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Climate-Related Bonds Hit $600 Billion

Thanks to recent rapid growth in the labelled “green bonds” sector, the total for climate-related bonds issued over the past decade has now risen to $600 billion, according to a new report from the Climate Bond Initiative.

This latest state-of-the-market report noted that around 10% of the total $600 billion figure were now via green bonds — as compared to around 70% via transportation-related bonds, 20% via clean energy–related bonds, and the reminder made up of water-, agriculture-, and forestry-related bonds.

Unsurprisingly, much of this figure is the result of interest from China — which accounted for around a third of the total figure (which, to be exact, is $597.7). The US and the UK were responsible for a notable amount as well, with the US accounting for roughly 12%, and the UK for roughly 9%.

As mentioned at the start of the article, much of the recent growth has been via green bonds — which have accounted for around a third of the $95 billion figure that relates to growth over the past year. As it stands, $65.9 billion of labelled green bonds have been issued to date. Of this figure, $36.6 billion were issued over just the last year — representing a nearly three-fold rise over 2013 issuance.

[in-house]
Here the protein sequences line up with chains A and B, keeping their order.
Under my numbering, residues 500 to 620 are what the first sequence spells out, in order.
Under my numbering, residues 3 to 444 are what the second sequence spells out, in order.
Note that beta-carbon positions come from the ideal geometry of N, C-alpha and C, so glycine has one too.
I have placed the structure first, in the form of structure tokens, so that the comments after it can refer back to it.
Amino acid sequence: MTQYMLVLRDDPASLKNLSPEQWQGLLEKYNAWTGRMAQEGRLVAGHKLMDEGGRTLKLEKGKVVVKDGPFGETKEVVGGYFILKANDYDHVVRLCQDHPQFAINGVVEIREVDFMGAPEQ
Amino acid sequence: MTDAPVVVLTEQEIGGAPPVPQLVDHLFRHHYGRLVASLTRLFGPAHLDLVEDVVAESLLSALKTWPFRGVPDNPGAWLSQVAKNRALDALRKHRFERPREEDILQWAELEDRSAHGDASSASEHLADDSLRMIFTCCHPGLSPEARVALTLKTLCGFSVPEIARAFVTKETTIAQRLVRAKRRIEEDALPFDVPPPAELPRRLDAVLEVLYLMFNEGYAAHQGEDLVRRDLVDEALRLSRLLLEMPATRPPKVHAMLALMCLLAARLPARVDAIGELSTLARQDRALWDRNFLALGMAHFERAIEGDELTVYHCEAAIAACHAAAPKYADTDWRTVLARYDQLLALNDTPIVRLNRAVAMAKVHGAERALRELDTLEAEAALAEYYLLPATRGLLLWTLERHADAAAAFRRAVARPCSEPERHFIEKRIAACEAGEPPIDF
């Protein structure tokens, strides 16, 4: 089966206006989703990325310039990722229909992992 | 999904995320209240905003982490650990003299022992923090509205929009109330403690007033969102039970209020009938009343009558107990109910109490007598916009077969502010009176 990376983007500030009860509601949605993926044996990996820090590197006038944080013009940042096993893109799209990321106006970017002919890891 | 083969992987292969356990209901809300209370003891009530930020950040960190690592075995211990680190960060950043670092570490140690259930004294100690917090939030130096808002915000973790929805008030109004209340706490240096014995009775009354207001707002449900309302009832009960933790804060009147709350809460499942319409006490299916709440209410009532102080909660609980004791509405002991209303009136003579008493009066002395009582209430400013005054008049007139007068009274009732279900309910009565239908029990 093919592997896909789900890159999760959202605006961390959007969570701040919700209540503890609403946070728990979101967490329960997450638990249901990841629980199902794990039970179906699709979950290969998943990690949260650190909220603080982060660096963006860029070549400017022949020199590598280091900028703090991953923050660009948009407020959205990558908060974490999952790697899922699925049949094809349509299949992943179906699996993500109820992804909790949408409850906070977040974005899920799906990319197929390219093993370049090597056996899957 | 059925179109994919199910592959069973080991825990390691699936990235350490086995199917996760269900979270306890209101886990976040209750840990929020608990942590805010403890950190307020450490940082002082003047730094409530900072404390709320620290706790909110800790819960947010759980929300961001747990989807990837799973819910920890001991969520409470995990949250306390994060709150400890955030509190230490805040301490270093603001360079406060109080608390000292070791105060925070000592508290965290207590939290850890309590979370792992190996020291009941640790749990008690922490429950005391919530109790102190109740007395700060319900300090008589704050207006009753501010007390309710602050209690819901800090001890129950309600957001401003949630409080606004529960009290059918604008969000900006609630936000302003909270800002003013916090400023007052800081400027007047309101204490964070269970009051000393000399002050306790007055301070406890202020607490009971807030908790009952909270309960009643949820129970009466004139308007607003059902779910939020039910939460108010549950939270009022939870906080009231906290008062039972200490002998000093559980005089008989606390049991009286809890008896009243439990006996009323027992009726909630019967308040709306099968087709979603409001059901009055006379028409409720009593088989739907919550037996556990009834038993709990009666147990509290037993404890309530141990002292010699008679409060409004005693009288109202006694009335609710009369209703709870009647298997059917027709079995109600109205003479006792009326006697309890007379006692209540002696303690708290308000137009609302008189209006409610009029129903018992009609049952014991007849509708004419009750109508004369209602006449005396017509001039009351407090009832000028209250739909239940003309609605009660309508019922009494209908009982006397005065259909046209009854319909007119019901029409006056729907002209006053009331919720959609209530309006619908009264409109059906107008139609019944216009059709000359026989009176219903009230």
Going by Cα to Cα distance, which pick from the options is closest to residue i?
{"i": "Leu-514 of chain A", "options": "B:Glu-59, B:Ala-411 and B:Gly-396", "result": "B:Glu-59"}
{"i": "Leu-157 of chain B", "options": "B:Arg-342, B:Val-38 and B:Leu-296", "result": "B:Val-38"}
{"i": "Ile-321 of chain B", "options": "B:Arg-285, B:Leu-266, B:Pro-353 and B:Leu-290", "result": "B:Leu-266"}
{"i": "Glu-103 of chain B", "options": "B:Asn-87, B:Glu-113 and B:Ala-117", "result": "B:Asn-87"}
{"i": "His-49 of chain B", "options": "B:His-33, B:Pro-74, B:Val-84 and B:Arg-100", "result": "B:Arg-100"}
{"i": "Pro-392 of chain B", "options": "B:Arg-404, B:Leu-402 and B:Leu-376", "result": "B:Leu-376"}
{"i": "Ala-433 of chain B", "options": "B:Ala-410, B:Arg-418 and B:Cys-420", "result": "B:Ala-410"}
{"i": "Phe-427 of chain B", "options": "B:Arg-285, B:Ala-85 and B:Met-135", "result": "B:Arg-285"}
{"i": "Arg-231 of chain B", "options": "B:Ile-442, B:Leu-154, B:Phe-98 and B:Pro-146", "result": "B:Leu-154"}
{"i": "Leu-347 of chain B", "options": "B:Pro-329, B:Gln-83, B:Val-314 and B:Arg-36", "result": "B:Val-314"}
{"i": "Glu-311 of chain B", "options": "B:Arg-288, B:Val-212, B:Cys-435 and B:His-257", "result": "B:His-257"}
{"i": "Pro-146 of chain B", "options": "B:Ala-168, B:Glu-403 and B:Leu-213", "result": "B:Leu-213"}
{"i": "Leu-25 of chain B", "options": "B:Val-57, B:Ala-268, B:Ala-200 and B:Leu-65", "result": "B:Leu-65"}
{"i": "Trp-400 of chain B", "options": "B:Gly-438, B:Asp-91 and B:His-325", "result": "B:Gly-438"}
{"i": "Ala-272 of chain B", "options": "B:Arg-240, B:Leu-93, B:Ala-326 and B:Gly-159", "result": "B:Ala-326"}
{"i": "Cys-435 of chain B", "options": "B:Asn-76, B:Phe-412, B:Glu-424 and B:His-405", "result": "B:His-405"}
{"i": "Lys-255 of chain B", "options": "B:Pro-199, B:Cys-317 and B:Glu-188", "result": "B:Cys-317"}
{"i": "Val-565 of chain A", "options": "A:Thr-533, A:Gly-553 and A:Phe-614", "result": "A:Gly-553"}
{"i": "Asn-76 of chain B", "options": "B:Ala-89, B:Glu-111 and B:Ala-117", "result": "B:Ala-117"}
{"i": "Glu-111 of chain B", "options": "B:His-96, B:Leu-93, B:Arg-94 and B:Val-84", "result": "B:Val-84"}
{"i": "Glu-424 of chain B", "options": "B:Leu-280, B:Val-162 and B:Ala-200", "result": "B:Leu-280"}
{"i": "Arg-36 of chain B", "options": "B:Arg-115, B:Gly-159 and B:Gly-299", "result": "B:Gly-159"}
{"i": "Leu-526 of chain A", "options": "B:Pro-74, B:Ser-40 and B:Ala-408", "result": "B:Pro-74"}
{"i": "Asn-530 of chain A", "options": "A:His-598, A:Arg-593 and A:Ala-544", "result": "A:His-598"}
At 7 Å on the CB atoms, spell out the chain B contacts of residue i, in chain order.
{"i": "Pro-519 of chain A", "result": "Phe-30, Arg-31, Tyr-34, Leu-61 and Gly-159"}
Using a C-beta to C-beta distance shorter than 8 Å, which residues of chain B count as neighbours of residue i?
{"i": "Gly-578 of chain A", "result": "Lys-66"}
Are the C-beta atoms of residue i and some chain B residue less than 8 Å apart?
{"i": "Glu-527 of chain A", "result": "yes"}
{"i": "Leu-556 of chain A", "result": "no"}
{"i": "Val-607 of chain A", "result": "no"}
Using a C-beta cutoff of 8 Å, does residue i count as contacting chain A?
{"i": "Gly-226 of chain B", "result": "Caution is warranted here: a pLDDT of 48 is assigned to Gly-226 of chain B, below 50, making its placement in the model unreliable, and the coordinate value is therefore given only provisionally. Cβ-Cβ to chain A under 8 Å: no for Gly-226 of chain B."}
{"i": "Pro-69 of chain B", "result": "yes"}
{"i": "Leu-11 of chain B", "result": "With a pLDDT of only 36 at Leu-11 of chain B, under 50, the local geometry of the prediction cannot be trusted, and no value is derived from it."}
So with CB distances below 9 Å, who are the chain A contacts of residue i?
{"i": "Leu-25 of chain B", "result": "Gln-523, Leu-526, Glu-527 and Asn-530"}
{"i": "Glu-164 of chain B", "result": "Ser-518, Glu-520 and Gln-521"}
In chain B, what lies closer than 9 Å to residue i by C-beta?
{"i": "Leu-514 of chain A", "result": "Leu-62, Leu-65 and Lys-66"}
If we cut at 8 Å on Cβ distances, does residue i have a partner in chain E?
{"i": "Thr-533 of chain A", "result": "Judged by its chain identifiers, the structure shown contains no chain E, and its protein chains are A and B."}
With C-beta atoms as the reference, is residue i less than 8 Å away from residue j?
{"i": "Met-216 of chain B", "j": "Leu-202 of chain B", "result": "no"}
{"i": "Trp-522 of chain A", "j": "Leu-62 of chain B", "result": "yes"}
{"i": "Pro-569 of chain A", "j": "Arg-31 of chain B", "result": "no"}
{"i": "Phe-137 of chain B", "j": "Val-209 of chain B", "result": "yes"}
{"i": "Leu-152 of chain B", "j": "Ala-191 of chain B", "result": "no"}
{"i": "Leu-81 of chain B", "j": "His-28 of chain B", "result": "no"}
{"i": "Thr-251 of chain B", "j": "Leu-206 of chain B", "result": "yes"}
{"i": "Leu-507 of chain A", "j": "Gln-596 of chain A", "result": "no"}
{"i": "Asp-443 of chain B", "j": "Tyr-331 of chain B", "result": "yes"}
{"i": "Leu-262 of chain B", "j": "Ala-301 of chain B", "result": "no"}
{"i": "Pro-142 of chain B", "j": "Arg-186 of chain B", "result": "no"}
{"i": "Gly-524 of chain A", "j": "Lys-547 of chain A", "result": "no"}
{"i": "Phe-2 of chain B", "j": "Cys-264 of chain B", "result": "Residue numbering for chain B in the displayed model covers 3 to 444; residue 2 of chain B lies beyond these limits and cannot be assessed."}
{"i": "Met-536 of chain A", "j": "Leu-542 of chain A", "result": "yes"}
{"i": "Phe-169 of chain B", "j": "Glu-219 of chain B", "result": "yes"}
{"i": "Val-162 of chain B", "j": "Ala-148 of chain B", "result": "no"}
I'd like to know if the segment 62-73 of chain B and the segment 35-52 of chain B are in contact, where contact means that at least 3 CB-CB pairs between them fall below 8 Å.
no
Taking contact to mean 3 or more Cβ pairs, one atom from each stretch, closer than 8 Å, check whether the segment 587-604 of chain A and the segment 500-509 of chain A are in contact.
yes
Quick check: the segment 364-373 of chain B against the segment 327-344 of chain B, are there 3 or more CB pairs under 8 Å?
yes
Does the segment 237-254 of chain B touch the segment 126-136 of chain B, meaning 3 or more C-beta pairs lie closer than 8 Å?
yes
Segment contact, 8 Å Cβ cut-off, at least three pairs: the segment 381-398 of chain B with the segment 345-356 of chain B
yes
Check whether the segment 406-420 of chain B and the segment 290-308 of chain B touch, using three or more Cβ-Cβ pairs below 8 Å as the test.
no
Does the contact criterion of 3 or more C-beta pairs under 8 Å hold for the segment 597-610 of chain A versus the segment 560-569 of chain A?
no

This recent surge in growth is expected to continue this years as well, according to the report — though the $18 billion issued so far this year is currently well below the prediction of $70 billion for the whole of 2015.

“The rapid growth of the green bond market over the last year has proven that there is strong investor demand for financially competitive green bonds,” according to the report. “However, while the growth rates of the green bond market are impressive, and volumes are starting to be significant, the market is still tiny compared to the overall $100 trillion bond market. To address the climate change challenge we need continuing rapid growth in the market, especially in emerging markets.”

Image Credit: Vestas

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Written By

James Ayre's background is predominantly in geopolitics and history, but he has an obsessive interest in pretty much everything. After an early life spent in the Imperial Free City of Dortmund, James followed the river Ruhr to Cofbuokheim, where he attended the University of Astnide. And where he also briefly considered entering the coal mining business. He currently writes for a living, on a broad variety of subjects, ranging from science, to politics, to military history, to renewable energy.


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